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Related to ivory: ivory tower
live in an/(one's) ivory tower
To reside or exist in a place or among a social circle that is characterized by effete academic intelligence and thus is out of touch with or aloof from the realities of life. I don't put much weight in the advice of a bunch of economists living in their ivory towers who've never worked a real job in their lives. It seemed easy to solve all the world's problems when I was living in an ivory tower. Now that I'm out of college, I realize things are so much more complex than I'd imagined.
an/(one's) ivory tower
A place or a social circle that is characterized by effete academic intelligence and thus is out of touch with or aloof from the realities of life. I don't put much weight in the advice of a bunch of economists living in their ivory towers who've never worked a real job in their lives. It seemed easy to solve all the world's problems when I was living in an ivory tower. Now that I'm out of college, I realize things are so much more complex than I'd imagined.
tickle the ivory/ivories
To play the piano. An allusion to its white keys, which were formerly made of ivory. My father used to love tickling the ivories after dinner. My friends asked if I would tickle the ivory at their wedding reception.
A thoroughly stupid person; someone with no sense or intelligence. Don't listen to any advice that ivory dome gives you—he's only got a job here because of who his daddy is. There's no way I'll lose to a ivory dome like you.
*in an ivory tower
Fig. in a place, such as a university, where one can be aloof from the realities of living. (Typ—ically: be ~; dwell ~; live ~; work ~.) If you didn't spend so much time in your ivory tower, you'd know what people really think! Many professors are said to live in ivory towers. They don't know what the real world is like.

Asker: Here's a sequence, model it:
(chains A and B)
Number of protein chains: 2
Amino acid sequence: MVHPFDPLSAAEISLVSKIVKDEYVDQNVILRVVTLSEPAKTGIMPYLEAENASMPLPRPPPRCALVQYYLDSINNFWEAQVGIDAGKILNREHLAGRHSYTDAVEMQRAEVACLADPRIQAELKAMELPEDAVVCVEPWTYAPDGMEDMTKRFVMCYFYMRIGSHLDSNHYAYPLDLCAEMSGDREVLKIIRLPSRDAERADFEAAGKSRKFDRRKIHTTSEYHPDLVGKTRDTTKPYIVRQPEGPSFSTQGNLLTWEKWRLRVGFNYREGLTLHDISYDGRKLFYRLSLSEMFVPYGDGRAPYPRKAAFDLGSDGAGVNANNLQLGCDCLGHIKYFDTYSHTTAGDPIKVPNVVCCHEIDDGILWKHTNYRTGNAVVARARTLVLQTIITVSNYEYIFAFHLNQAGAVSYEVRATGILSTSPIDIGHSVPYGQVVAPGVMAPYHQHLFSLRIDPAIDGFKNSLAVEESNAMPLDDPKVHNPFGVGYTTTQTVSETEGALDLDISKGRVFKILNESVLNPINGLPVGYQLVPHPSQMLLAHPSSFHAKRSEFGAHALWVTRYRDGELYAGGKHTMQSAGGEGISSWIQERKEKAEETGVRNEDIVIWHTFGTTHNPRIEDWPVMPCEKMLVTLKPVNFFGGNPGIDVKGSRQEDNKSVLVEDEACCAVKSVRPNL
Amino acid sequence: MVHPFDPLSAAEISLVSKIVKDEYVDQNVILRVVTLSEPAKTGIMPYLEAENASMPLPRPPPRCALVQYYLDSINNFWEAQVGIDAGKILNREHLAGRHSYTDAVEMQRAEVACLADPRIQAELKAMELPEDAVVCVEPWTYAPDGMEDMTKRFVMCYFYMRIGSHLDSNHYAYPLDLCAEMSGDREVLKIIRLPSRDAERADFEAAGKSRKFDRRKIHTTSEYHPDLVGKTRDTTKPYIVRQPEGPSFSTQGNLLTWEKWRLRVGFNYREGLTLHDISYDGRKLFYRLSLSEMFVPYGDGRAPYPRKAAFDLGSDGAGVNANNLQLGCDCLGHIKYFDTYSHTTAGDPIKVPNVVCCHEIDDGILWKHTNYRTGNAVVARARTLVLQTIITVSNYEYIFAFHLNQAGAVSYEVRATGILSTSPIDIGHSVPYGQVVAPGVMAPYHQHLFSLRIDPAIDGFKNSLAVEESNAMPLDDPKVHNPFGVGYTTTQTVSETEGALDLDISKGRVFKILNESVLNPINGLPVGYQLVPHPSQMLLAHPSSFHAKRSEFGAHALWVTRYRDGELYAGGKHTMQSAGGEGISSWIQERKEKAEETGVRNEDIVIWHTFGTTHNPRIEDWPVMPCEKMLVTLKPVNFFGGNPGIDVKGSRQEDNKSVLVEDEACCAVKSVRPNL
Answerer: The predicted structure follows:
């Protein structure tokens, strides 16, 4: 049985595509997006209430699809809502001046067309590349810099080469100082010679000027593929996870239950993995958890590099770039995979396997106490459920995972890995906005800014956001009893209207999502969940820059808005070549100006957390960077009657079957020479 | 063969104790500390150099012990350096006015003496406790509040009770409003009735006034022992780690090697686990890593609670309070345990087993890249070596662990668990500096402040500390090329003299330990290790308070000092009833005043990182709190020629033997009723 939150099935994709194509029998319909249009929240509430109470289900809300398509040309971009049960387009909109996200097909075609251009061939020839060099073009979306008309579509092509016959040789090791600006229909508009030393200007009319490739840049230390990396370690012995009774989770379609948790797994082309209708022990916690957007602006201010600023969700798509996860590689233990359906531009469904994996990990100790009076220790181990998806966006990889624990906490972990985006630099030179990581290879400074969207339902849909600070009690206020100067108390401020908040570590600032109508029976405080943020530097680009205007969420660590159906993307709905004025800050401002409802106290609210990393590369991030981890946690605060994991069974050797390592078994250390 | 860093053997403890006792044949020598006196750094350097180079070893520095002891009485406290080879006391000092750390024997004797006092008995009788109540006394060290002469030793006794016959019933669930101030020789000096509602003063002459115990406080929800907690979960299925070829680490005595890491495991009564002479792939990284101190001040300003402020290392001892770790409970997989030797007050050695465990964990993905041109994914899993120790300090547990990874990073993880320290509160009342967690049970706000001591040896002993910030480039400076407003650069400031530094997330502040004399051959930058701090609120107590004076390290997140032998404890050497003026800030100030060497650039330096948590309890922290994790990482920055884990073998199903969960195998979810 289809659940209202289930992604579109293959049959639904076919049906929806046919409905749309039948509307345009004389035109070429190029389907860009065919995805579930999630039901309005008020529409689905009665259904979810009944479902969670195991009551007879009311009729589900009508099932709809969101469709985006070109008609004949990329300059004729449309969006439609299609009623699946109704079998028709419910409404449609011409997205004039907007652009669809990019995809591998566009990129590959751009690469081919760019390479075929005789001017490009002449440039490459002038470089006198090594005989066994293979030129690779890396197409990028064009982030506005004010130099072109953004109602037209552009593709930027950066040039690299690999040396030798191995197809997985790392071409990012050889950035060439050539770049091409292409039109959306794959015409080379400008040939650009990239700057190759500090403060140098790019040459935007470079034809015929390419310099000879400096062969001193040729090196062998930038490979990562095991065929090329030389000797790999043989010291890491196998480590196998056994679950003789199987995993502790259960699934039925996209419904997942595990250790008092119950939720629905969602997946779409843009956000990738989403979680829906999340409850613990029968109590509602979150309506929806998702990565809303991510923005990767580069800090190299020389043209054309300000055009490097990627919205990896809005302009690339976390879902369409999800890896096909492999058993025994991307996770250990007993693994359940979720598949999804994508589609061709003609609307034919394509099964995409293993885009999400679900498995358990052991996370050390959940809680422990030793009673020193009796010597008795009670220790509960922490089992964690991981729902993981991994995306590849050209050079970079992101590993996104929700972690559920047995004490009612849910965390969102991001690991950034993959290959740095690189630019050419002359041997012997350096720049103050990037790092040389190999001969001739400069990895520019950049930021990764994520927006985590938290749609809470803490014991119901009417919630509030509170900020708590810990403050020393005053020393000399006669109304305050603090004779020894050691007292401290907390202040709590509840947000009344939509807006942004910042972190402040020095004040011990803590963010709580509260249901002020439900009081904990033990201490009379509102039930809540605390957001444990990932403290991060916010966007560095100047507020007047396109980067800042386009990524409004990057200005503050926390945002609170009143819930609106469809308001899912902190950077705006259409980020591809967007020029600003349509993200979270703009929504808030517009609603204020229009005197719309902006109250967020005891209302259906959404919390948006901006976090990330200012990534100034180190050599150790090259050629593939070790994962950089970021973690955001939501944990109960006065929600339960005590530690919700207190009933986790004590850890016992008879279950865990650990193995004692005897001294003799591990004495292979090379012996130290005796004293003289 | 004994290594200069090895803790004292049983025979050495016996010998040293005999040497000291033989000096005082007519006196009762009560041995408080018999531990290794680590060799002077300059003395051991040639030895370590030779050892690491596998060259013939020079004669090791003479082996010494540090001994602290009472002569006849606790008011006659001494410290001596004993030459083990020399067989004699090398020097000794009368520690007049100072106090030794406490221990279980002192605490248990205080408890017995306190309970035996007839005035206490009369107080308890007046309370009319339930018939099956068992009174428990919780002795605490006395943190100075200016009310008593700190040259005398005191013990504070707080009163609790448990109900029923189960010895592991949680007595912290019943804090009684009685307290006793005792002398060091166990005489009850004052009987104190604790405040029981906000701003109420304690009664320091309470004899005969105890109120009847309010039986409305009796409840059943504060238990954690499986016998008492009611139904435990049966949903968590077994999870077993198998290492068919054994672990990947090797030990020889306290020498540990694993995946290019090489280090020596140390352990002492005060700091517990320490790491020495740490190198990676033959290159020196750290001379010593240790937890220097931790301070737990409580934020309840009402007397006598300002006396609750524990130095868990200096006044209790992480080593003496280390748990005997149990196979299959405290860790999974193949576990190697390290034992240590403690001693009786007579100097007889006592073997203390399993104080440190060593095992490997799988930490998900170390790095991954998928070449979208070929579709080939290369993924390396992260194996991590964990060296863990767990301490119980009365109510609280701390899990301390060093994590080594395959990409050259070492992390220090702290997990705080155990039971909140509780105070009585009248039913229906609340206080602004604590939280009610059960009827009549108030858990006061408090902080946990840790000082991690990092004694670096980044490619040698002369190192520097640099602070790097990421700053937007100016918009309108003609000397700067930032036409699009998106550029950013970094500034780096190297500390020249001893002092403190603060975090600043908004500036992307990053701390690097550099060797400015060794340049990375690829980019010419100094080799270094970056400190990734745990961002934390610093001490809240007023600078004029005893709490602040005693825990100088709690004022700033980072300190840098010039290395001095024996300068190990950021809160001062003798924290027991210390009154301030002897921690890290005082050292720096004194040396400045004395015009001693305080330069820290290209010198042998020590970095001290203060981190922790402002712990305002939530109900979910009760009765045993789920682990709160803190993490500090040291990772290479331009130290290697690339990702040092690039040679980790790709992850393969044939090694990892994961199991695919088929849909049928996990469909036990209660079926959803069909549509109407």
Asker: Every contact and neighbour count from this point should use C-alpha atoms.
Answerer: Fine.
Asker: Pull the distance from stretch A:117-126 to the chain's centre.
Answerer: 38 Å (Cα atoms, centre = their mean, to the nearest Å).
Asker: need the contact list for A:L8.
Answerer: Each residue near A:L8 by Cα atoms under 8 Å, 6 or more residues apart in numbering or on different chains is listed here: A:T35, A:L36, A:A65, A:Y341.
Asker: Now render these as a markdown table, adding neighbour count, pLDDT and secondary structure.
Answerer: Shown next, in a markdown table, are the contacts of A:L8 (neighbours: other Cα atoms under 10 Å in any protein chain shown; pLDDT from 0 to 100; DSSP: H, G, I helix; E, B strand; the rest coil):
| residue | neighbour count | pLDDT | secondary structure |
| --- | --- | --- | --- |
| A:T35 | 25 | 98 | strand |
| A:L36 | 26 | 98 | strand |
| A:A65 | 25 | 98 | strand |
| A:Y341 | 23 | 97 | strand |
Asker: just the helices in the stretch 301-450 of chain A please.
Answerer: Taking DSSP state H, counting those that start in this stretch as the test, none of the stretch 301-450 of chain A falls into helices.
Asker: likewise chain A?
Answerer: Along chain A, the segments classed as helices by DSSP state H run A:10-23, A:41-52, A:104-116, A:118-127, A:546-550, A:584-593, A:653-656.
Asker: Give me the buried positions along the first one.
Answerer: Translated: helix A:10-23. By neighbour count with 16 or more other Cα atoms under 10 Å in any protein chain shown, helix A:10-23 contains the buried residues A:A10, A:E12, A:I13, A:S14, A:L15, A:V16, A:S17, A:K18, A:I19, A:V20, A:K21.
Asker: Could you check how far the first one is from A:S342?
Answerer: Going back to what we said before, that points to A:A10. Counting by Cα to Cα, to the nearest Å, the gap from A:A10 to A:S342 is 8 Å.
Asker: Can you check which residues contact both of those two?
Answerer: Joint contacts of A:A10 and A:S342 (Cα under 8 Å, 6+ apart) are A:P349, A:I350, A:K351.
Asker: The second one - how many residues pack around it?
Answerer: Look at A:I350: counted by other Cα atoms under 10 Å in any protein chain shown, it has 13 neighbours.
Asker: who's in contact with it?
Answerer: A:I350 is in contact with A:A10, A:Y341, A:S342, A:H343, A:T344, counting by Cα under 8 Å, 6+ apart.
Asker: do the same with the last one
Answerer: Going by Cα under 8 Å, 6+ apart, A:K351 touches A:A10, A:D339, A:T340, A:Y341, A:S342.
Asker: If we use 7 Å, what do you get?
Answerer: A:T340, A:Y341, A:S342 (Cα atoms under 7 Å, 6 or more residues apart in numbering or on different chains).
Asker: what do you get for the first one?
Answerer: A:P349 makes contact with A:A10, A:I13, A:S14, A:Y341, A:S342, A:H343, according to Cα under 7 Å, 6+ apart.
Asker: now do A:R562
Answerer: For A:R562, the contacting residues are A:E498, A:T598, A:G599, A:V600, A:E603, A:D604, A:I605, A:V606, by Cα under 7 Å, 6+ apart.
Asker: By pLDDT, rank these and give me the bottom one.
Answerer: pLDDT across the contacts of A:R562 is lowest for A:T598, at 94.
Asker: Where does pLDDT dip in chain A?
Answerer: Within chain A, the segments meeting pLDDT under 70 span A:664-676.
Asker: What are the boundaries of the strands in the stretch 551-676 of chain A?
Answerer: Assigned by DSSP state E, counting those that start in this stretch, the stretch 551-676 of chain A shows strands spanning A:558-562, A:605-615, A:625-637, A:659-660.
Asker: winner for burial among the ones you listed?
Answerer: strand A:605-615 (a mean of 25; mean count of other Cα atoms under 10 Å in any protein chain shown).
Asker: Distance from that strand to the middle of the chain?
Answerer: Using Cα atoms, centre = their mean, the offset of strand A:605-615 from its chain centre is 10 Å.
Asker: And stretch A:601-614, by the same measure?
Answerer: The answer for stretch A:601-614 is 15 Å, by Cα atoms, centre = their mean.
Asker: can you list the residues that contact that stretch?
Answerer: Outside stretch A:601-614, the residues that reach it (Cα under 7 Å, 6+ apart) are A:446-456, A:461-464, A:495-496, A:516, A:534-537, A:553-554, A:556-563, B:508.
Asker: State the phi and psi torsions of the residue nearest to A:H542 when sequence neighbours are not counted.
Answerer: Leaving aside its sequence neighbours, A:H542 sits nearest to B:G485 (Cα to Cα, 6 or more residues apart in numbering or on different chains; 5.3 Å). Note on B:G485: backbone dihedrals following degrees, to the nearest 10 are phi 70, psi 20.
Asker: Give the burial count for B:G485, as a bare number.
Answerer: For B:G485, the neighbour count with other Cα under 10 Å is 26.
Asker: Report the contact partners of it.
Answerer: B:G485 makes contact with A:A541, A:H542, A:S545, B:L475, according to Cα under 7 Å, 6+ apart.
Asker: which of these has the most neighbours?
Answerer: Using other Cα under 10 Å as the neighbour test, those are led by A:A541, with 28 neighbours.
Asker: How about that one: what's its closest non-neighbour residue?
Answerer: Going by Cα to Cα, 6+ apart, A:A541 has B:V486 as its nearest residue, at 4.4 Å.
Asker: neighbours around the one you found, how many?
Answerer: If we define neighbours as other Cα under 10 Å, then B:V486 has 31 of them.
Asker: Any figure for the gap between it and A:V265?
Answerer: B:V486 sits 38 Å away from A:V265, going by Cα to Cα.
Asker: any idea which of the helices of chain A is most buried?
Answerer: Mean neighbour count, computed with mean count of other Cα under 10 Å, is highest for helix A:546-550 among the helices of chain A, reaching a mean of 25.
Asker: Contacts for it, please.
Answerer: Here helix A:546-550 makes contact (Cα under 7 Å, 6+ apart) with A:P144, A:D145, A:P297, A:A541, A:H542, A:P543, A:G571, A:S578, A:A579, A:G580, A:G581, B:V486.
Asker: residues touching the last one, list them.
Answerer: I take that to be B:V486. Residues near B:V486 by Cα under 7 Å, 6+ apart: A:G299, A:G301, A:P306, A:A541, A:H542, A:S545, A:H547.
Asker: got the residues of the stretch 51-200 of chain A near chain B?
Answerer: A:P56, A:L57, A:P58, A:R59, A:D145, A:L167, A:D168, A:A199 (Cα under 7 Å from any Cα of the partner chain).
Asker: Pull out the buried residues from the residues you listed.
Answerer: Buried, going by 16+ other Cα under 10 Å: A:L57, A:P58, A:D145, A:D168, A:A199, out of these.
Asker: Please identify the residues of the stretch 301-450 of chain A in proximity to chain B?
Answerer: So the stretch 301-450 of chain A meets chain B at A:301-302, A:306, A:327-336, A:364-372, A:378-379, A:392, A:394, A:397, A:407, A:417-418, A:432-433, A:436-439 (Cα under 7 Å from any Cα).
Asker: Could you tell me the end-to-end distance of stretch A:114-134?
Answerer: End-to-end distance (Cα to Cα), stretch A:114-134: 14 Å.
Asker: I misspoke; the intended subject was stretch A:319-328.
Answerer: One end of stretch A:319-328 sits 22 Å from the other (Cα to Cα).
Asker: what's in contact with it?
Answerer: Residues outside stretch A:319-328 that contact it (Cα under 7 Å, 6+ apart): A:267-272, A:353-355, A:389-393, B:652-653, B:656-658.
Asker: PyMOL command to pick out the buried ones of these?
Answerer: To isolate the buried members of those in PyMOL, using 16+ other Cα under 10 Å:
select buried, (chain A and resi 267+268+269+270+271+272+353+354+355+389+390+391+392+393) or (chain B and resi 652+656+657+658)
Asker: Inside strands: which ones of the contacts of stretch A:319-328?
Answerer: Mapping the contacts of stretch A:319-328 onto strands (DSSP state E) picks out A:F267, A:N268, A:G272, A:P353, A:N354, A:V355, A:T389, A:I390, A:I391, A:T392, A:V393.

tickle the ivories
to play the piano. I used to be able to tickle the ivories real nice. She sat down to tickle the ivories for a while.
A place or attitude of retreat, remoteness from everyday affairs, as in What does the professor know about student life, living as he does in an ivory tower? This term is a translation of the French tour d'ivoire, which the critic Saint-Beuve used to describe the attitude of poet Alfred de Vigny in 1837. It is used most often in reference to intellectuals and artists who remain complacently aloof.
tickle the ivories
Play the piano, as in He went on tickling the ivories until three in the morning. This expression alludes to a piano's keys, traditionally made of ivory. [Colloquial; first half of 1900s]
tickle the ivoriesINFORMAL
If someone tickles the ivories, they play the piano. Peter Brown tickles the ivories tonight at the Mercury Lounge alongside bassist Chris Breitner.
an ivory tower
COMMON If you say that someone is in an ivory tower, you mean that they are protected from the problems of ordinary life and are not aware of how ordinary people live. They're all out of touch — they live up in a little ivory tower, and they don't see what's going on down here. This won't happen until politicians come down from their ivory tower and learn to work in the real world of limited budgets and uncertain futures. Note: This is a translation of a French expression `tour d'ivoire', which was used by the critic Saint-Beuve to describe the way in which the writer Alfred de Vigny isolated himself from the rest of society.
tickle (or tinkle) the ivoriesplay the piano. informal
The ivories are the white keys of the piano, traditionally made of ivory.
an ˌivory ˈtower(disapproving) a way of life in which people avoid the unpleasant realities of life: Just because I’m a writer, it doesn’t mean I live in an ivory tower. I have to earn a living like anyone else. ♢ What do professors and academics sitting in their ivory towers know about the real world?
1. n. the teeth. (see also China.) I gotta go brush my ivories.
2. n. piano keys. (From when piano keys were made from real elephant ivory.) She can really bang those ivories.
3. n. dice. Hand me those ivories. The baby needs shoes!
See also: ivory
n. an imaginary location where aloof academics are said to reside and work. Why don’t you come out of your ivory tower and see what the world is really like?
tickle the ivories
tv. to play the piano. I used to be able to tickle the ivories real nice.
A situation or attitude remote from practical affairs. The term originated in the French critic Sainte-Beuve’s description of poet Alfred de Vigny as living in an ivory tower (1837), that is, isolated from life’s harsh realities. Subsequently, the term has been used to describe academics, artists, writers, or indeed anyone complacently aloof from everyday affairs. Cyril Connolly (Enemies of Promise, 1938) used it to disparage Walter Pater: “Pater, calling an art-for-art’s sake muezzin to the faithful from the top-most turret of the ivory tower.” The term is heard less often today but is by no means obsolete.